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Abraham Lincoln High School (Des Moines, Iowa)

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Type  Public secondary
Superintendent  Dr. Thomas Ahart
Grades  9–12
Phone  +1 515-242-7500
Established  1923
Principal  Paul Williamson
Area  1 ha
Abraham Lincoln High School (Des Moines, Iowa)
School district  Des Moines Public Schools
Address  2600 SW 9th St, Des Moines, IA 50315, USA
Similar  Morris Elementary School, East High School, North High School, Roosevelt High School, Valley High School

Abraham Lincoln High School, usually referred to simply as Lincoln High School or Lincoln, is a secondary school located in Des Moines, Iowa, United States. It is the largest high school in the state. It is one of five secondary schools under the district of the Des Moines Public Schools, and was named after the 16th United States president Abraham Lincoln. The school sports team is named after one of President Lincoln's nicknames, the "Rail Splitter" (the "Lincoln Railsplitters" or "Rails"). Their mascot is typically a senior at the school or a recent alumni dressed up as Abraham Lincoln. The school is known as the Pride of the South Side.



Lincoln High School was constructed to address the increasing enrollment of students at nearby East High School. During this time, the south side of Des Moines was home to new urban development. This further increased enrollment and the need for an additional school. A bond issue was passed on March 18, 1918, that provided the funds to build the school. By 1923, construction was completed, at a cost of $949,754.95 USD.

At that time, the school had 55 classrooms, a swimming pool, two gymnasiums, several labs, an art and music room, a cafeteria, and an auditorium, providing for a total student capacity of 1,300.

In 1962 an additional wing was constructed, with classrooms, laboratory areas, and a library with over 13,000 volumes.

A male faculty lounge was added in 1963. An existing light-well was enclosed to provide for this new room.

In 1964, further expansions were contracted at a total cost of $1,667,000. This provided for the construction of the Roundhouse, home to the indoor sporting venues. On the lower level, a new swimming pool and boys' locker room were constructed. The old swimming pool was converted to classroom space, but the old gymnasiums are still in use. The old locker rooms were remodeled into the girls' locker rooms.

There are a number of prized possessions at the school. In the floor of the vestibule is the school monogram done in bronze, surrounded by a design in variegated marble. On the south wall is a portrait of The Boy Lincoln, painted by Russell Cowles, a former student of West High School. On the north wall is Lincoln the Statesman, painted by William Reaser. In the main corridor is a bronze bust of Lincoln, the work of Laurence Stewart, former student of East High.

The cornerstone of the old Lincoln School, which used to be at Ninth and Mulberry Streets, has been set as a memorial on the Lincoln High lawn. It was presented to the school with appropriate ceremonies when the old school was demolished. This cornerstone is only one of the many reminders of President Lincoln that are preserved by the school. There is a steel engraving of the Lincoln family when Lincoln was in office, and one of the President himself, both presented to the school by Fred Foss. A piece of a log from Lincoln’s cabin birthplace was presented by W. L. King, a former school teacher. An engraving of the national monument in the Soldiers’ National Cemetery, which was dedicated by President Lincoln with his famous Gettysburg Address, is also in the collection. In the auditorium above the stage are the words of that famous address, in gold.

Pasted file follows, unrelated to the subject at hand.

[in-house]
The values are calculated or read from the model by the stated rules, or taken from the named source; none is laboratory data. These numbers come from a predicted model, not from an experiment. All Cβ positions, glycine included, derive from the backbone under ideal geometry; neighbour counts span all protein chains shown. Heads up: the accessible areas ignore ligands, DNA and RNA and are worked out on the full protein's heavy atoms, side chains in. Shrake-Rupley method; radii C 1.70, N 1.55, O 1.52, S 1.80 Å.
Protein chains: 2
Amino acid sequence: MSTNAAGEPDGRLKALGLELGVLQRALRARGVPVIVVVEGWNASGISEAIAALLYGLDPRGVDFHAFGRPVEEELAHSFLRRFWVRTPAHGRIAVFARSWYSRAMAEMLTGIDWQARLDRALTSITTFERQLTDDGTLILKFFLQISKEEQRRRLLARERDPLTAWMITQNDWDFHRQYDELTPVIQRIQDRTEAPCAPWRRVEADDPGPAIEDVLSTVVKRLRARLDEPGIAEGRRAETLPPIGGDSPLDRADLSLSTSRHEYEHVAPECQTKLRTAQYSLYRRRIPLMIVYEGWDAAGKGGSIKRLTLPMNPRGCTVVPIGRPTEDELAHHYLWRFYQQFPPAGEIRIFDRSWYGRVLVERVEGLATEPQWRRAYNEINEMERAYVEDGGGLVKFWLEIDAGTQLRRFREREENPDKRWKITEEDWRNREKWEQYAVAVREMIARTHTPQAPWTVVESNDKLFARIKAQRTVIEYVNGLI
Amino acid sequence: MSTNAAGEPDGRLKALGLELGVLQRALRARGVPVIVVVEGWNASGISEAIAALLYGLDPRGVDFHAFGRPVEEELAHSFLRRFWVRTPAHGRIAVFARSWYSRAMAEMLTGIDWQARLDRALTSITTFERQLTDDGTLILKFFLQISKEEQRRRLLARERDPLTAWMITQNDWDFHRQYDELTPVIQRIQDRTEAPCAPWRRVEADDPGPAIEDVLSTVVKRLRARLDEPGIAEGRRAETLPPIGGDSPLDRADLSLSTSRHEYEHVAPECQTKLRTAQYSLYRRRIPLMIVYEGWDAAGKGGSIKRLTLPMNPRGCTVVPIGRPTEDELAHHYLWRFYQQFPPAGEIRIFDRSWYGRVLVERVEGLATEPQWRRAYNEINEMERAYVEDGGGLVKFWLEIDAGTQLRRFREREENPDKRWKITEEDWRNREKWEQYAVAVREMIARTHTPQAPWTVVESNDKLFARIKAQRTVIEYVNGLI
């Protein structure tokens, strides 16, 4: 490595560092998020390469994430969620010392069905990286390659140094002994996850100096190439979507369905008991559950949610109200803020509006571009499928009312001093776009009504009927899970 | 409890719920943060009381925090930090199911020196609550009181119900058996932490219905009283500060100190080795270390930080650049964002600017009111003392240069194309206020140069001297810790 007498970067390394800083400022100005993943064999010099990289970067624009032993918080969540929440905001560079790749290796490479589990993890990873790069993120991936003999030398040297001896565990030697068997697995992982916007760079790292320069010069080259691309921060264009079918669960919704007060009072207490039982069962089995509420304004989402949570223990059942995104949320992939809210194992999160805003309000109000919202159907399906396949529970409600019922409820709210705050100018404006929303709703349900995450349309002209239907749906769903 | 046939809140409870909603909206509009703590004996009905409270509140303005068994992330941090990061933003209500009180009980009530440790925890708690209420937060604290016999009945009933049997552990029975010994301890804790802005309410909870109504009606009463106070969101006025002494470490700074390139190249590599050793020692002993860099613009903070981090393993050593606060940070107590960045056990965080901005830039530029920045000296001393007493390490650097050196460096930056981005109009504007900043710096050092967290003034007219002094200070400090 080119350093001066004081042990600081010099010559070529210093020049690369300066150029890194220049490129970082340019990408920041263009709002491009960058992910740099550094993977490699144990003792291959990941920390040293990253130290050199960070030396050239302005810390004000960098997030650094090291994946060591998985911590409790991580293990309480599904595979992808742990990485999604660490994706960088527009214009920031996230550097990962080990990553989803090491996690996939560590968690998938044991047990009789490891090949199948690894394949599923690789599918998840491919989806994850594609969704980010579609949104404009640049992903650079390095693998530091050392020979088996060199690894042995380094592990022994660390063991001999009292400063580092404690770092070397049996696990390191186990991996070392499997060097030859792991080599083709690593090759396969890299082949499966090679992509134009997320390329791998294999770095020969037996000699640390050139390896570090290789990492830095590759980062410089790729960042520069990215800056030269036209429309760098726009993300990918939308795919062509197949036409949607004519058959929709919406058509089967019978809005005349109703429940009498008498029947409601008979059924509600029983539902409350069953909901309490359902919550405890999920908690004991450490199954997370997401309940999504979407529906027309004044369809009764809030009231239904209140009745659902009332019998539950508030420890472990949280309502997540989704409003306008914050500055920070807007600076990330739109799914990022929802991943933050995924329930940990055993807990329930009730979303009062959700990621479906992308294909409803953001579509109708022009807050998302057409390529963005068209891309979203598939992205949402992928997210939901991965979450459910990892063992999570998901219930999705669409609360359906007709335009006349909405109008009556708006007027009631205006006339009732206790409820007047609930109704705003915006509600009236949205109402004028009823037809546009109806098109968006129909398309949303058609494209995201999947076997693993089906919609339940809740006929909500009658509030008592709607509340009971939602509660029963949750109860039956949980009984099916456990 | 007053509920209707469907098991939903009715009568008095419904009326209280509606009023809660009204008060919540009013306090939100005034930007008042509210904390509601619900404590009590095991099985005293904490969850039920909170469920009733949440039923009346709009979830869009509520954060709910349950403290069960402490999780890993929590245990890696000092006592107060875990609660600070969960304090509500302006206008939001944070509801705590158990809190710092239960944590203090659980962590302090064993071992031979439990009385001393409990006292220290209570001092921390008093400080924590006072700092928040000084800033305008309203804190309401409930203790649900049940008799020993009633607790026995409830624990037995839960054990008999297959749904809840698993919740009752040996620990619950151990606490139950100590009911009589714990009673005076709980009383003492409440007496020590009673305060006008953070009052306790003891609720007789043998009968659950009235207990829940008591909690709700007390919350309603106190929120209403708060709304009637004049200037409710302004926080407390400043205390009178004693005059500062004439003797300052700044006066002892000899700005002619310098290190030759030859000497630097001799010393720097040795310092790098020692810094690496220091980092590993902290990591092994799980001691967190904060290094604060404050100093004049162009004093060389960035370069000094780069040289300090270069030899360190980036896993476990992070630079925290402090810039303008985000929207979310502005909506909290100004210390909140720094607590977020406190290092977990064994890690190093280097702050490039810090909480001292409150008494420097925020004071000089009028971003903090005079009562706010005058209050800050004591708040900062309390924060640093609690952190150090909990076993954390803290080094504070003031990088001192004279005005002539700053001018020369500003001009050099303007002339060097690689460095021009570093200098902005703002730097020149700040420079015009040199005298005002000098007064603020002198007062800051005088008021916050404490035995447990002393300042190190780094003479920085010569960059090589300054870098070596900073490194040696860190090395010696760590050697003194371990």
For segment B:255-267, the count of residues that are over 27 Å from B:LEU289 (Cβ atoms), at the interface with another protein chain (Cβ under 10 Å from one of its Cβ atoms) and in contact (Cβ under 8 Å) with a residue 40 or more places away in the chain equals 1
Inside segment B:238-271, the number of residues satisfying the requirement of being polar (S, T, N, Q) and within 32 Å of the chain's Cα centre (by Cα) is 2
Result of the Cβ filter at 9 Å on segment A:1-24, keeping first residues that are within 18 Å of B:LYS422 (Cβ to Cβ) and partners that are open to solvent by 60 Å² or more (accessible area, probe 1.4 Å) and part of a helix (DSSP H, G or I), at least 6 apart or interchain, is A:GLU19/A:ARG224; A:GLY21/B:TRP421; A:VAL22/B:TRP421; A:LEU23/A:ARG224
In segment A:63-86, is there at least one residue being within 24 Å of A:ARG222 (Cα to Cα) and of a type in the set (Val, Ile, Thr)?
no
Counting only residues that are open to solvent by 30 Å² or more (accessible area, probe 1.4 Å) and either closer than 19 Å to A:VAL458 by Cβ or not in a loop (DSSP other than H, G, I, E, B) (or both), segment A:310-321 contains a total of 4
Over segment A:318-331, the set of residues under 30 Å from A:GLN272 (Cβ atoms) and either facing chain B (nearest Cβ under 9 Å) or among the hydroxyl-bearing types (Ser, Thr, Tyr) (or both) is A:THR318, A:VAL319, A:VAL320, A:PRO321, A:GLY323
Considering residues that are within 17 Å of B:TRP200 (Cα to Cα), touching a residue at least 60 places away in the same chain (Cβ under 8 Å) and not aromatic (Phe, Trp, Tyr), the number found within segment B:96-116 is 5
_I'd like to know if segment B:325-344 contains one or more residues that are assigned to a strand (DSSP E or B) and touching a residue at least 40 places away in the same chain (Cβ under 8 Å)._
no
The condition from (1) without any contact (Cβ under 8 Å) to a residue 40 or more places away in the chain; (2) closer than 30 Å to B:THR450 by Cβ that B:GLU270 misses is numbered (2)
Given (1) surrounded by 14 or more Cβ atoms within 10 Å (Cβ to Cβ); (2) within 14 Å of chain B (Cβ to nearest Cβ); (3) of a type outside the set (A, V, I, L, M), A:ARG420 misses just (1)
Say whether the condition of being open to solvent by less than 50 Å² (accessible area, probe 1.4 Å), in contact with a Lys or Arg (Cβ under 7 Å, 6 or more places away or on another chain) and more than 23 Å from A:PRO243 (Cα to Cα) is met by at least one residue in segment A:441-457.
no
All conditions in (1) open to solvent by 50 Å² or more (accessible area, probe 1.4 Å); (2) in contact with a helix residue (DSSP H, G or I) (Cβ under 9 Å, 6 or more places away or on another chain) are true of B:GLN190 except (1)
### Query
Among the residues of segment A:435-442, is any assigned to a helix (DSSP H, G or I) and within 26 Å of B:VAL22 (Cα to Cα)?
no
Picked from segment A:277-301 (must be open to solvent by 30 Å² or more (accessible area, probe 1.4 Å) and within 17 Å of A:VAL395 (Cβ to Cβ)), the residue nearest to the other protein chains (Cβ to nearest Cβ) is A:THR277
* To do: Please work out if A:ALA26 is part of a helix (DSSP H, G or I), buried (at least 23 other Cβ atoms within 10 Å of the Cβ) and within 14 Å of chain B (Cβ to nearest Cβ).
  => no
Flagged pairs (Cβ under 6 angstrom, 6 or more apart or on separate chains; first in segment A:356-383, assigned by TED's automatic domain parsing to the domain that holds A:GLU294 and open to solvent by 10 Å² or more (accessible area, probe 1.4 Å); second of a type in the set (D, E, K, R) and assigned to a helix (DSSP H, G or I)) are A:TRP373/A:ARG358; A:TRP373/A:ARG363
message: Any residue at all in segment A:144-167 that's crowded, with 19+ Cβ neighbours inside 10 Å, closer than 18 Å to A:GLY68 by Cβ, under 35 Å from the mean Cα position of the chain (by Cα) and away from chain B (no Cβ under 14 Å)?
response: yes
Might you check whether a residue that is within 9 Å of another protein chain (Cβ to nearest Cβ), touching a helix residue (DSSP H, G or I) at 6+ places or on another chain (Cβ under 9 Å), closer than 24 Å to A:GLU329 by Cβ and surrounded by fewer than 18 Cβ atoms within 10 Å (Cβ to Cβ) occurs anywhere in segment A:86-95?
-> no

Lincoln has three levels of classrooms, with the Commons and music classrooms located on the lowest level. The old "small gym" occupies the second and third levels in the main concourse (with the entrance on the second level). The Roundhouse is the primary gymnasium in use at Lincoln. The upper level holds an arena with a capacity of 2,500. The lower level of the Roundhouse holds the weight-training area, boys' locker rooms, and swimming pool. All freshman classes are held at RAILS academy (formally known as Kurtz Junior High building).

On the opposite side of Bell Avenue are two student parking lots, tennis courts, a general practice field, and Hutchens Metro Stadium (home to football and track events). Hutchens Metro Stadium has a capacity of 7,500.

Fine arts

Drama – The Drama Department has won awards, especially in the area of IHSSA. It presents two full-length performances each year. The department is led by Karen Sissel.

Music – Musical groups at Lincoln include Concert Band, Marching Band, Jazz Band I, Jazz Band II, Pep Band, Orchestra, Chamber Choir, Treble Choir, Concert Choir, RAILS Ninth Grade Choirs, Infinity Varsity Show Choir, Omega JV Show Choir, and Jazz Choir. The Lincoln Vocal Music Department is led by Director Christian White, assisted by Director Paige Harpin. The band department is led by directors Darin Bartachek and Kevin Steggmann.

Journalism – The official school newspaper is The Railsplitter. It has received merit recognition from the National Scholastic Press Association, Columbia School of Journalism, the highest recognition given to a high school publication. There is also an independent newspaper, The Random Independent, created by freshmen at Lincoln South.

Visual arts – Art classes include Painting/Drawing/Multi-Media, 3D design, and AP Studio Art. Each year the art department competes in exhibitions and art shows. The art club is called the Dorian Art Club.